Astronomy Picture of the Day

Discover the cosmos! Each day a different image or photograph of our fascinating universe is featured, along with a brief explanation written by a professional astronomer.

2009 August 24
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Morning Glory Clouds Over Australia
Credit & Licence: Mick Petroff; Tip Thanks: James Holmes (Cairns)

Explanation: What causes these long, strange clouds? No one is sure. A rare type of cloud known as a Morning Glory cloud can stretch 1,000 kilometers long and occur at altitudes up to two kilometers high. Although similar roll clouds have been seen at specific places across the world, the ones over Burketown, Queensland Australia occur predictably every spring. Long, horizontal, circulating tubes of air might form when flowing, moist, cooling air encounters an inversion layer, an atmospheric layer where air temperature atypically increases with height. These tubes and surrounding air could cause dangerous turbulence for airplanes when clear. Morning Glory clouds can reportedly achieve an airspeed of 60 kilometers per hour over a surface with little discernible wind. Pictured above, photographer Mick Petroff photographed some Morning Glory clouds from his airplane near the Gulf of Carpentaria, Australia.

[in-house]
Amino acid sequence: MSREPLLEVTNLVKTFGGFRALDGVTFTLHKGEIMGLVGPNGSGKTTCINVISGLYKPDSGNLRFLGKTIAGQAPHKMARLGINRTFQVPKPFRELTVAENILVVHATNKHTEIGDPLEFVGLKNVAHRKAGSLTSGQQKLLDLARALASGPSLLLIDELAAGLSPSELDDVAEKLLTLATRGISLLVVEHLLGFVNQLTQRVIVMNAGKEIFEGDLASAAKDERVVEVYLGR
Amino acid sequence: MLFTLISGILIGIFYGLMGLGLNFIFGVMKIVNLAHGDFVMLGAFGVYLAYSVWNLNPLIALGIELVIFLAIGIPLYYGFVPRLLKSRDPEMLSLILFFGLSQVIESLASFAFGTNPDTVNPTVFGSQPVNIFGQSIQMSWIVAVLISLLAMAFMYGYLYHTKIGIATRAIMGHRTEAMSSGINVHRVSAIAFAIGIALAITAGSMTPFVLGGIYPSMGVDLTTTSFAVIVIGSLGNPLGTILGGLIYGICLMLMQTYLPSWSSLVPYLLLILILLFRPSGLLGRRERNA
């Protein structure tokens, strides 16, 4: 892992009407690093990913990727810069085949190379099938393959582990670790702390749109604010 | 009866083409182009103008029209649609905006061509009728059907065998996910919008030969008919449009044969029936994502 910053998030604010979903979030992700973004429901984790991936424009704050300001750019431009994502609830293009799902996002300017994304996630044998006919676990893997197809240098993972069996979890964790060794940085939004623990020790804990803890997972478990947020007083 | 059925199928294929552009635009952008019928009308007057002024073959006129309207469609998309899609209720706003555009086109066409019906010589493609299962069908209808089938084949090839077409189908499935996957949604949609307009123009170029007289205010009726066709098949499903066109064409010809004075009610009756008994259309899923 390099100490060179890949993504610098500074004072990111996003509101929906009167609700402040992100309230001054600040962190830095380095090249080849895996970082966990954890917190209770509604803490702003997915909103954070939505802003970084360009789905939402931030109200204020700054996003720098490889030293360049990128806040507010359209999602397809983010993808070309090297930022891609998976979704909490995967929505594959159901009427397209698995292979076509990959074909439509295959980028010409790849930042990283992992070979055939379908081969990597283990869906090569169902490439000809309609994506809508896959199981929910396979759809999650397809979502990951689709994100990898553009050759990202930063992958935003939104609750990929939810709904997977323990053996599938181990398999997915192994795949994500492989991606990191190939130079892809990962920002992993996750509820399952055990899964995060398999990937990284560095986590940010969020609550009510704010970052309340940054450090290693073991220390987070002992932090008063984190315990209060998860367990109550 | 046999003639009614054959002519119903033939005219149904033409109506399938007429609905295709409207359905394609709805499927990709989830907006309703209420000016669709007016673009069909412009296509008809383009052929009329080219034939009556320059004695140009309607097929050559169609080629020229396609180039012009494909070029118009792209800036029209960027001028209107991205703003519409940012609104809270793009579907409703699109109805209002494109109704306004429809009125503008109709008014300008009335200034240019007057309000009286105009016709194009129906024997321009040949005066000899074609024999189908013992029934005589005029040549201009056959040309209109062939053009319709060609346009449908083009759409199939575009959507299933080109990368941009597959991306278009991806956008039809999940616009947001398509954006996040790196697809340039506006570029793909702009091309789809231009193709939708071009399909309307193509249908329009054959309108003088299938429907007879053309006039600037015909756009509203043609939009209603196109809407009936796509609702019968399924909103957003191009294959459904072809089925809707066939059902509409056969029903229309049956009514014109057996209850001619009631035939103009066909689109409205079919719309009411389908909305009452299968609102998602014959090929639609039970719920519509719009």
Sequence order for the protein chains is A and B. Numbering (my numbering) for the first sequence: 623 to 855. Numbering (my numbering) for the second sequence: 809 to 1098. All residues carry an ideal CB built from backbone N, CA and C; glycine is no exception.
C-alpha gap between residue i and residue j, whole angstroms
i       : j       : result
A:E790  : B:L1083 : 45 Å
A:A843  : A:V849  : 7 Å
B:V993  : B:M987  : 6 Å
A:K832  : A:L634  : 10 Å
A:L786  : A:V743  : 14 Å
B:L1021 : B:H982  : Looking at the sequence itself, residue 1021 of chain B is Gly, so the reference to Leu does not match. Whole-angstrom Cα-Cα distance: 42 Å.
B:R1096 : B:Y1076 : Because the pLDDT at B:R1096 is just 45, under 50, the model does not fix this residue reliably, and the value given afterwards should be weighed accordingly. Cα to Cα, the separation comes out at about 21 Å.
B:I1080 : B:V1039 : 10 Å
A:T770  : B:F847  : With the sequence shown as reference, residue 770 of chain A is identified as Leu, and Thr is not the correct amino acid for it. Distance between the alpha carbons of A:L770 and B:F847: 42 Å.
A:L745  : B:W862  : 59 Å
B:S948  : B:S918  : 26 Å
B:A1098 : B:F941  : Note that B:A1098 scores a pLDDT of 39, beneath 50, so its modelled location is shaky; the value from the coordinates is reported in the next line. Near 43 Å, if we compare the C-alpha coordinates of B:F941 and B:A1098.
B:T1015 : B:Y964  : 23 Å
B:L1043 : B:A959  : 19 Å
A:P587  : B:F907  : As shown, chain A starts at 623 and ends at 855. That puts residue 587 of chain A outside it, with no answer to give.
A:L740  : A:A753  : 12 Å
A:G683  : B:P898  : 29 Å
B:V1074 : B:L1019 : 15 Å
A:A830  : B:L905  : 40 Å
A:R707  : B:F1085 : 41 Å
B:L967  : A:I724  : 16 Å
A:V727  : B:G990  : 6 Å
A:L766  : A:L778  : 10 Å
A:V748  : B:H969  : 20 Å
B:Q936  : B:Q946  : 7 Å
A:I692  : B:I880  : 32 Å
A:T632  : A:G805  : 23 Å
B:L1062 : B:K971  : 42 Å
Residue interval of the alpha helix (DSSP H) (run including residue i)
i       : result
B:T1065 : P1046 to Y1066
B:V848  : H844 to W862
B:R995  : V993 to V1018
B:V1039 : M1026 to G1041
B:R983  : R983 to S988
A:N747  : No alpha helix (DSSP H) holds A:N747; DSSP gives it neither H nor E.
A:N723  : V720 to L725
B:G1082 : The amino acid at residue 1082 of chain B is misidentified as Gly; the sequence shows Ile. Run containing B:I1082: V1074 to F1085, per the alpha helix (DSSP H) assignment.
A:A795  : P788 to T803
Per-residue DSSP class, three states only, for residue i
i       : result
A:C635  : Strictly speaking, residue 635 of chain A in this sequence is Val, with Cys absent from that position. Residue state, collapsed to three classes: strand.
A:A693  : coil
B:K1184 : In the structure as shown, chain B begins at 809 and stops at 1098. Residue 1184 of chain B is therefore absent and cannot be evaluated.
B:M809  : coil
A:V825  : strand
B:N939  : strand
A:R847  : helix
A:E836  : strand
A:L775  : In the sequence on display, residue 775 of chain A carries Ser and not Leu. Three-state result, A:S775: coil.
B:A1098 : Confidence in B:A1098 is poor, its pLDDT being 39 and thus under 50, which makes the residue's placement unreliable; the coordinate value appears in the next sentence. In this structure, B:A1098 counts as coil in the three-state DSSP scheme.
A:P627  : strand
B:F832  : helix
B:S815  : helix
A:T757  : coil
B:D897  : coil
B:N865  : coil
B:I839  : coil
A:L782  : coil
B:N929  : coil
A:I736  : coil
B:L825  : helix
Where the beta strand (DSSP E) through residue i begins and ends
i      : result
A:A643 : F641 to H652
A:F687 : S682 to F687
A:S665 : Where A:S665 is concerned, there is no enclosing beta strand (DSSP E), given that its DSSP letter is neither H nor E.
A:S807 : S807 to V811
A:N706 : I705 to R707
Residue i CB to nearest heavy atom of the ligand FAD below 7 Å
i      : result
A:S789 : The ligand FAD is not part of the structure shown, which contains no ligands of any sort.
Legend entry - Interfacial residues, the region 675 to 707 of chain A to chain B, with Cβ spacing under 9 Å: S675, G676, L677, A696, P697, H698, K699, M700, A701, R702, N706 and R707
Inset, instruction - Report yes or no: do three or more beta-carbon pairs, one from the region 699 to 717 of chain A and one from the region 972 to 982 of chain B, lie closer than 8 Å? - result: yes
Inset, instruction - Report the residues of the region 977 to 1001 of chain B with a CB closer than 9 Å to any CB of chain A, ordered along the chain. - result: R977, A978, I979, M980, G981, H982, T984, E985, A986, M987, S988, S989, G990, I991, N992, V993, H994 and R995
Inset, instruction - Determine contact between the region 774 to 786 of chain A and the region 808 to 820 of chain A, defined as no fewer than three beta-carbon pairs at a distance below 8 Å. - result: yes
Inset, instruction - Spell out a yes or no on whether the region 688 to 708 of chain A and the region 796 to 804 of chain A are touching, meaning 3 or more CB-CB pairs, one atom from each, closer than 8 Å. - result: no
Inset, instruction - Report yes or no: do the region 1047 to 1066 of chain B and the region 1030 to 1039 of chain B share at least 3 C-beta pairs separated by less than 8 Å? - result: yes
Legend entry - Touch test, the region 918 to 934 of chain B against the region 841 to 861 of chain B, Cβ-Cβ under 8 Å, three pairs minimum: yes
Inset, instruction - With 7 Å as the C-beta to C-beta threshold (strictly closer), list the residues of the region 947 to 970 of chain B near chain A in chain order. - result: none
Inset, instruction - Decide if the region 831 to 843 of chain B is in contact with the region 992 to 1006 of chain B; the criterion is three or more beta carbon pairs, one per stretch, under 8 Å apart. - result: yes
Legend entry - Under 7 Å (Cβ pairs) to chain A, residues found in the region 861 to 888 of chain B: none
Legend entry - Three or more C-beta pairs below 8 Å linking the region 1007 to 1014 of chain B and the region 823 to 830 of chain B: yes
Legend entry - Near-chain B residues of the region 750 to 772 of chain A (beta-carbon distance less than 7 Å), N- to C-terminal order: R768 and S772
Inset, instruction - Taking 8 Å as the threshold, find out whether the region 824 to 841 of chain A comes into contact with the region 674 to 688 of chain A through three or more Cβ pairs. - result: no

Tomorrow's picture: equinox at saturn

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Authors & editors: Robert Nemiroff (MTU) & Jerry Bonnell (UMCP)
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